What employers need to know about the May Jobs Report
By: Lily Martis, Monster contributor
The economy expanded by 75,000 jobs in May, according to the latest monthly U.S. Bureau of Labor Statistics jobs report. Average hourly wages increased by 6 cents, while the unemployment rate remained at 3.6%. Here are the headlines from May’s report.
The Economy is a Dynamic
The BLS reported a weak 75,000 payrolls in May, sharply lower than the 175,000 jobs predicted by Bloomberg economists.
This is in contrast to the 224,000 jobs (revised) in April.
Similarly, earlier this week, payroll processor ADPreported a small gain of 27,000 jobs in the private sector, marking a 9-year low since economic expansion began and the jobs market bottomed out.
These rollercoaster changes can be a bit perplexing, but it’s important to remember that this is only a snapshot, and the economy isn’t static. In theory, there could be as big a rebound in June after the disappointment today.
Services Industry Employment Hits a 7-Month High
With the addition of 33,000 jobs, the BLS report showed that the majority of employment gains occurred in the business and professional services sector.
This jibes with data released earlier this week by the Institute for Supply Management (ISM)that showed a gauge of services industry employment increased by 4.4 points to 56.9%.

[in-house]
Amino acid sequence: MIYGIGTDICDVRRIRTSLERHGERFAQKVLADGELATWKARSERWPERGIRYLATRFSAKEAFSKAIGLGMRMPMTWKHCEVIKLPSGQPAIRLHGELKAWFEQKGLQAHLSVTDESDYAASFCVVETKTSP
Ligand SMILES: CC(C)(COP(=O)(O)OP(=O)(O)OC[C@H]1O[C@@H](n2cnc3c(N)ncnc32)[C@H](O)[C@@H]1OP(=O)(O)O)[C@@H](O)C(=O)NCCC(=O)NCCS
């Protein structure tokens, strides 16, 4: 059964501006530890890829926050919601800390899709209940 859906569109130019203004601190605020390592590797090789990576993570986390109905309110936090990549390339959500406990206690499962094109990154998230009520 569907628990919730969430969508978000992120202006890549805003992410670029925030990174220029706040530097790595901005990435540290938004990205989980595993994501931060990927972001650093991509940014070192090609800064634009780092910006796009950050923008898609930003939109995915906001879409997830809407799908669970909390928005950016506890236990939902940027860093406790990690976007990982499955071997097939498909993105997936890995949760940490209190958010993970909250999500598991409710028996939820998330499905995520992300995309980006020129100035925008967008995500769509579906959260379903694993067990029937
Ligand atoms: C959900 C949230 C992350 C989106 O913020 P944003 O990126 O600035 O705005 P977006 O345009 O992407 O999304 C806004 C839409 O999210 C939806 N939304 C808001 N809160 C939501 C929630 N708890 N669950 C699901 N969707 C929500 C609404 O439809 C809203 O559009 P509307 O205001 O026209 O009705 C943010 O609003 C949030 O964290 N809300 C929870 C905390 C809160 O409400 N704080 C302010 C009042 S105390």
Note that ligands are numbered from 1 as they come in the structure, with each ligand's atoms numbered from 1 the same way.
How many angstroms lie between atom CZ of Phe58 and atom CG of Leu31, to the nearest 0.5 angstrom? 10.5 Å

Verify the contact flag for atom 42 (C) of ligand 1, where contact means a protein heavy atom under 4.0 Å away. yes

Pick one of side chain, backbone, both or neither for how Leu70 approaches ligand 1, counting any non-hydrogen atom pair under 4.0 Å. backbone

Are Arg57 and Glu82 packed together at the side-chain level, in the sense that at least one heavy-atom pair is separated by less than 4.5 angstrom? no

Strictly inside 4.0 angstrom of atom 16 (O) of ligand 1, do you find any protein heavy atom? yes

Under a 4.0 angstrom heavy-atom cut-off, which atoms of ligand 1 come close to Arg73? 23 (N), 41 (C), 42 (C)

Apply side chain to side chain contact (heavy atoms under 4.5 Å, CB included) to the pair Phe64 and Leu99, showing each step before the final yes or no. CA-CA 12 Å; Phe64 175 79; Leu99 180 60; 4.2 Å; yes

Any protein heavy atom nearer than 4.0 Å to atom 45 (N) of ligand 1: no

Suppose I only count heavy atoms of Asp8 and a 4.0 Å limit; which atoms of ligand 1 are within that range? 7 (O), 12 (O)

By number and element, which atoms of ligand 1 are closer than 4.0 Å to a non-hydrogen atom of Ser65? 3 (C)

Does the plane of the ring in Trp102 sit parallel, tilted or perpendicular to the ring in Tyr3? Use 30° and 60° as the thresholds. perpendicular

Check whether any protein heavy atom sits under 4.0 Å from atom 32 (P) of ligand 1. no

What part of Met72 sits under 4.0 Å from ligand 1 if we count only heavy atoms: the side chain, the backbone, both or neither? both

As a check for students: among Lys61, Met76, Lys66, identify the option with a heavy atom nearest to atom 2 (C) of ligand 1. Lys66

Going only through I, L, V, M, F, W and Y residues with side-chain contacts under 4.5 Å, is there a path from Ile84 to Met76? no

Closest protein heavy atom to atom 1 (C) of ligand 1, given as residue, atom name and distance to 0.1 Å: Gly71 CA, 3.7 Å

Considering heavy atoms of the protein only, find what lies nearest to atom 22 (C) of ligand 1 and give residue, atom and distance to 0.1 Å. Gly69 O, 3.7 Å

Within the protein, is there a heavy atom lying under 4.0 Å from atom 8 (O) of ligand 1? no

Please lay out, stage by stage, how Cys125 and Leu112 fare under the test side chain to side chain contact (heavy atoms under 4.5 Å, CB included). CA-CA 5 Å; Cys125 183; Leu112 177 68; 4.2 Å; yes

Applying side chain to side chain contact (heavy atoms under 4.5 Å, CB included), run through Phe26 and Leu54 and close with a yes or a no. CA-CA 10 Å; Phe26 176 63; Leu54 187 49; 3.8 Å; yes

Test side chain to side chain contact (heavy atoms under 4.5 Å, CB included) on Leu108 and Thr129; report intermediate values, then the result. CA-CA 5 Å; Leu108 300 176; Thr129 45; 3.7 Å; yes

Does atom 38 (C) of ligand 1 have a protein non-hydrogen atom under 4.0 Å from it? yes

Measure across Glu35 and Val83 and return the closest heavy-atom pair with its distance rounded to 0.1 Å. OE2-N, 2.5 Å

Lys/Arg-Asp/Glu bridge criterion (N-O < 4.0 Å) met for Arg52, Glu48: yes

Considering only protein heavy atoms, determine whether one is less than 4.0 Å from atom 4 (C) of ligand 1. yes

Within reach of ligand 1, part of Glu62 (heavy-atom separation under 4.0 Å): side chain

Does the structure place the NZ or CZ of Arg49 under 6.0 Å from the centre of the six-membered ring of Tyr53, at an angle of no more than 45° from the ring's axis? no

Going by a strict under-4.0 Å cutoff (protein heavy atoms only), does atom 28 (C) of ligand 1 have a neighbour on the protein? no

This not only beats its two-and-a-half-year low of 55.5% in April, but also marks a seven-month high for the sector. (A reading over 50% is viewed as positive for the economy, and anything over 55% is considered exceptional).
This surge demonstrates that the services sector has held up in the face of growing concerns about the impact of the Trump administration’s trade wars with Mexico and China.
Federal Reserve is Expected to Cut Interest Rates
Ahead of the BLS report, speculationbegan circulating that the Federal Reserve would consider a rate cut in the event of economic weakness.
With May’s low job numbers pointing to a tightening labor market, it’s even more likely that rates will be slashed when policymakers meet later this month.
“This gives us a real sense of deceleration in the U.S. economy,” Diane Swonk, chief economist at accounting firm Grant Thornton, told the New York Times.
“We knew this was occurring, but this could be a summer of discontent. It also gives the Fed a green light to cut rates.”
This can be seen as positive news for businesses, as lower interest rates gives consumers more money to spend, which can create a ripple effect of increased spending throughout the economy.
Employers are Tightening the Purse Strings
Wages continued to slowly build in May, with the jobs report indicating that average hourly wages increased by six cents, totaling $27.83. Over the year, average hourly earnings have grown by 3.1%.
This proves that despite a tightening labor market—the unemployment held at a low 3.6%, while only 75,000 jobs were added—employers must find alternative ways to attract and retain employees.
Employers should consider bulking up compensation packages with more benefits like flexible work options, wellness programs, and increase paid time off. Monster’s 2019 State of the Candidate Surveyfound that 401(k)/retirement benefits was considered most important for American workers.
The next jobs report will be released July 5, 2019, at 8:30 a.m. EST. In the meantime, see how Monster can help drive job growth at your organization.